At law firm Akin Gump Strauss Hauer & Feld LLP, the 401(k) plan’s participants have varying salaries, goals and retirement time horizons. The Washington, D.C.-based firm includes partners (19%), other attorneys (35%) and administrative staff (46%).
So when it comes to the amount of retirement savings accumulated, “our people are all over the spectrum,” says Jessica Chicorelli, Akin Gump’s director of retirement benefits. “Some of them are off the charts, and some have a long way to go. The 401(k) is only a small piece for some people, and, for others, it’s the only piece. So we really focus on personalized education.”
The $413.8 million plan has 2,337 participants and 97% participation. New hires are automatically enrolled at 3% and see their contributions boosted automatically by 1% a year, up to 10% of pay. Participant deferrals average 7%, and the company matches 10% of their contributions up to a $1,750 maximum, which increases as the 402(g) limit increases. The average participant income replacement ratio stands at 57%.
For some Akin Gump employees, saving for retirement began when they were automatically enrolled. “There are the attorneys who are fresh out of law school, making money for the first time,” Chicorelli says. “We are really trying to focus on that group, to say, ‘Start smart. Don’t spend all your money.’” For instance, last year, the plan sent targeted emails to participants who deferred less than 10%.
Since 2008, Akin Gump participants have had access to an online retirement-calculator tool offered by the plan’s recordkeeper, ING; the tool forecasts the percentage of income individuals are on track to replace. Last year, participants also received personalized savings evaluations with recommendations to improve their outlook. Seventeen percent of Akin Gump participants have utilized the calculator tool, Chicorelli says.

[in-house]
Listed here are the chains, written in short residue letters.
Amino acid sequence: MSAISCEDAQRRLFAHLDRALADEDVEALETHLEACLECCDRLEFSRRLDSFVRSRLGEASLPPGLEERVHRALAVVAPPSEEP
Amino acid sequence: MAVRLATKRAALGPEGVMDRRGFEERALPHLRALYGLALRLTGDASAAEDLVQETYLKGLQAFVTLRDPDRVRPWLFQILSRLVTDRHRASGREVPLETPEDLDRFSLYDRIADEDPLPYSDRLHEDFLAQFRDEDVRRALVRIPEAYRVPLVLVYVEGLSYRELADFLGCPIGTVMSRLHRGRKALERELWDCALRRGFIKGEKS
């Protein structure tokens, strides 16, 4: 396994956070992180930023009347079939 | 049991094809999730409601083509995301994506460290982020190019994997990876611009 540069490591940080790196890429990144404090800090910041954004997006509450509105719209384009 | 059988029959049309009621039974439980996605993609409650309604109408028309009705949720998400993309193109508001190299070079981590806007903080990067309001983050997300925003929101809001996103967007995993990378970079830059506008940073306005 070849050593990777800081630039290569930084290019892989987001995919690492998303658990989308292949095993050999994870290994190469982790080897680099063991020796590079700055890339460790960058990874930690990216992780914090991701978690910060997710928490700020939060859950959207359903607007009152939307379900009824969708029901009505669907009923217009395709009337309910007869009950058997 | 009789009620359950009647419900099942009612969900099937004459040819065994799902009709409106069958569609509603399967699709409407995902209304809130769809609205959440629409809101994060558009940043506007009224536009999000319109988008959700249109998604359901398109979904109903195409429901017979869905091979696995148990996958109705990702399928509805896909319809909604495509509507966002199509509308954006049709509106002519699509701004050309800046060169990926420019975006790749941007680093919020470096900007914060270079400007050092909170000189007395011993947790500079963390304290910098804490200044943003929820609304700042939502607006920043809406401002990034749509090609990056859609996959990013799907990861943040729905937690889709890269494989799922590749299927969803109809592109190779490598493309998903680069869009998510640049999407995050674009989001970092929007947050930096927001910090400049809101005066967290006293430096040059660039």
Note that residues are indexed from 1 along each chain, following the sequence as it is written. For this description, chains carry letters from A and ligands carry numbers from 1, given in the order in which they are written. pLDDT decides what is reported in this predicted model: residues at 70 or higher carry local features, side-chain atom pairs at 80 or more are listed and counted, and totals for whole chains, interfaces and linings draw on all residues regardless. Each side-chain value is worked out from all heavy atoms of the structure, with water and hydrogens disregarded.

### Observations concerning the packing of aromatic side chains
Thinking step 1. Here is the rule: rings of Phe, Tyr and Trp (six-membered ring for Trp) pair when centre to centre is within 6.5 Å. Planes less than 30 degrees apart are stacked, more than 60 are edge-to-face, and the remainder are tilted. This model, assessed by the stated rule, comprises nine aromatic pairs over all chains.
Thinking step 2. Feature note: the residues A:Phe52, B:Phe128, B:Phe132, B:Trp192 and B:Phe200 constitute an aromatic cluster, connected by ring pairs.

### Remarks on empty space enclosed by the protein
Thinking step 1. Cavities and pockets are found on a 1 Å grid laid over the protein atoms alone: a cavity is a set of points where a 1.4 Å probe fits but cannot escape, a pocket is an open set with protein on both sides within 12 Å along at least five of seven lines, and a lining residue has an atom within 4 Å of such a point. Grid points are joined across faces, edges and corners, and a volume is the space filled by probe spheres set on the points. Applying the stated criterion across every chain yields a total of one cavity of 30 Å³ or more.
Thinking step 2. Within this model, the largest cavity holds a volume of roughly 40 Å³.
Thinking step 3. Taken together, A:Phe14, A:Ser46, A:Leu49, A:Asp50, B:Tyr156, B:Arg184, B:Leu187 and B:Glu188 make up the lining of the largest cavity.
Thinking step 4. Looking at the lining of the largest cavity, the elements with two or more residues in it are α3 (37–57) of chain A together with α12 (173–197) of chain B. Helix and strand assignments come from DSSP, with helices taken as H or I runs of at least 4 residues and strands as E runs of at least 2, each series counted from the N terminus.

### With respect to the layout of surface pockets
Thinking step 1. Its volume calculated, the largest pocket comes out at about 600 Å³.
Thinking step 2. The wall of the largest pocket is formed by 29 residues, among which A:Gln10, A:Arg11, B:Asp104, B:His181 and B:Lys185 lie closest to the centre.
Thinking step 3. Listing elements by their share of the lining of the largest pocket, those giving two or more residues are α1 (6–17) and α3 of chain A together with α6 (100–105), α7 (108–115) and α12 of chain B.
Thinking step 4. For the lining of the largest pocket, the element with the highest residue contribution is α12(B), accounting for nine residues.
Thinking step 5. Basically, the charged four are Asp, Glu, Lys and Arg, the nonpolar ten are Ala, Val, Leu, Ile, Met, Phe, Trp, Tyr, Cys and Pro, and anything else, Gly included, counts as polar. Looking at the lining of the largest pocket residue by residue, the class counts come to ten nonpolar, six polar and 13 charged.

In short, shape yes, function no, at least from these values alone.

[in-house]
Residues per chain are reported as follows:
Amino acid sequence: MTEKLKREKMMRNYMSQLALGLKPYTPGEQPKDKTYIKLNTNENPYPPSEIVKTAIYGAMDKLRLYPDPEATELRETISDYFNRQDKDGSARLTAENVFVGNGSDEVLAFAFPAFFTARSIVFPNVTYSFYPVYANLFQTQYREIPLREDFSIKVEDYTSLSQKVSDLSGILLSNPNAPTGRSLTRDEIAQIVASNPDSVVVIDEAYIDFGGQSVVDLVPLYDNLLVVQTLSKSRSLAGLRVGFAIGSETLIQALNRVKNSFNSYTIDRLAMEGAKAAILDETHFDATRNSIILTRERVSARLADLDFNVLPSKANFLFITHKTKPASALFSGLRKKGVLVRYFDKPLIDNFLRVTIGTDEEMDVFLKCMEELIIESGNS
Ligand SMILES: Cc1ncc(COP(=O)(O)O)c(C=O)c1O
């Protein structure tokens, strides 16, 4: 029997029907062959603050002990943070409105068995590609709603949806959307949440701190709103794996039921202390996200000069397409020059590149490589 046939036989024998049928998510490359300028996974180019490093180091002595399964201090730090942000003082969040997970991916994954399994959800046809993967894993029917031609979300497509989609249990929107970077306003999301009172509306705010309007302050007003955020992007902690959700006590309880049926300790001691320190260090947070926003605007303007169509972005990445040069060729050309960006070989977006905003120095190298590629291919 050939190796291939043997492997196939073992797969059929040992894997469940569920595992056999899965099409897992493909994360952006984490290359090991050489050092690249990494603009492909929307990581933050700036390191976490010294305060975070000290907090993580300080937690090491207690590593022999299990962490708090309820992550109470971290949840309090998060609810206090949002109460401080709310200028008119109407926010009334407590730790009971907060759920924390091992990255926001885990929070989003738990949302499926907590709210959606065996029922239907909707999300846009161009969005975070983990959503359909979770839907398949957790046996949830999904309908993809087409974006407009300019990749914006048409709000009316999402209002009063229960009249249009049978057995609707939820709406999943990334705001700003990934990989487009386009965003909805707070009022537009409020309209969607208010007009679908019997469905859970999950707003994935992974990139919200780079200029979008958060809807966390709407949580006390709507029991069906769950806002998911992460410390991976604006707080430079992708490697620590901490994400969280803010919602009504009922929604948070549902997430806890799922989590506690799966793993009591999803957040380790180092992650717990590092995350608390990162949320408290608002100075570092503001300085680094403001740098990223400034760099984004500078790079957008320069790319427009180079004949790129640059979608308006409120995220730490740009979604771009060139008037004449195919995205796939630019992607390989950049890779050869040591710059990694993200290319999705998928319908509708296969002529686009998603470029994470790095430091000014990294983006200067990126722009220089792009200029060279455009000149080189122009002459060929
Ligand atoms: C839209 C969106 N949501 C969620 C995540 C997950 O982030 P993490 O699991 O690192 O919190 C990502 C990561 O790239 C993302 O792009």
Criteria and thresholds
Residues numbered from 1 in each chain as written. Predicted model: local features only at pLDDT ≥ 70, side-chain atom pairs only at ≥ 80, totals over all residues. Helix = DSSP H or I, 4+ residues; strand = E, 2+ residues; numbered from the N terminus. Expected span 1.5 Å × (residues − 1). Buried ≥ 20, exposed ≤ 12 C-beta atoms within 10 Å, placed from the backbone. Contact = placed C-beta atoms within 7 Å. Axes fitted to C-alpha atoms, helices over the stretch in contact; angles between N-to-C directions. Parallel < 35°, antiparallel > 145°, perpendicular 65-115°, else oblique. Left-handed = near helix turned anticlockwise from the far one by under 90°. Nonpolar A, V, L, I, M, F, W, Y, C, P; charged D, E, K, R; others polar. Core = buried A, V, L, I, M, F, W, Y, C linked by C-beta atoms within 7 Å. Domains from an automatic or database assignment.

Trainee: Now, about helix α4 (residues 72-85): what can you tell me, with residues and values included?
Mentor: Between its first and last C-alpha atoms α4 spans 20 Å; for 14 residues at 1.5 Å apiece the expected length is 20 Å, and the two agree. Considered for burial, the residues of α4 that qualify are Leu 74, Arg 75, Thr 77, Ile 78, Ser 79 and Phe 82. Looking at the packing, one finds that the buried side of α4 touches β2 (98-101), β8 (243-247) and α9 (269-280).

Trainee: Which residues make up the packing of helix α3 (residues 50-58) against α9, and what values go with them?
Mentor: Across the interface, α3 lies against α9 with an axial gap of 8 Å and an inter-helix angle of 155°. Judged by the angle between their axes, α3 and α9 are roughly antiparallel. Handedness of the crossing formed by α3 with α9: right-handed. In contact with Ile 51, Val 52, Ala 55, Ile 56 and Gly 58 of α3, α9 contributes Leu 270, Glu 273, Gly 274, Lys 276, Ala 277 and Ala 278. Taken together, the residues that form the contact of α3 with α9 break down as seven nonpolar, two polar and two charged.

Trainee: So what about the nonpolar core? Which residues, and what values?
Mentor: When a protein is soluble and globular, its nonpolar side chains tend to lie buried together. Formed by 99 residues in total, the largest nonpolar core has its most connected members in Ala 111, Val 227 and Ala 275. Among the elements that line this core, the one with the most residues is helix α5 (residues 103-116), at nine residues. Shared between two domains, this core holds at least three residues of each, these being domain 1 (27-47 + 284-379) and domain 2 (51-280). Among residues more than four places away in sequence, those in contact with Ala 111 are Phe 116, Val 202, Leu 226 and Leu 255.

This year, the firm arranged for ING to do voluntary one-on-one meetings with participants about their retirement-income outlook. The meetings “will really give people a sense of what they need and what they have,” Chicorelli says.
Akin Gump employees on the higher-income end often have retirement savings outside the 401(k), Chicorelli says, and partners have a cash-balance plan. “If you look at income replacement for a partner, his 401(k) balance is not going to replace all of his income in retirement,” she says.
In 2011, the plan added a Roth feature for employees who want to save after-tax, too. This year, participants will start using a new enhancement to the ING tools that lets them input all their financial information, including outside assets, and create and track personal savings goals such as the income replacement they want to achieve.
Ultimately, Akin Gump hopes to see all participants reach a 75% to 80% income-replacement goal. “I think it’s doable,” Chicorelli says. “It’s all about educating them and getting them on the right path.”
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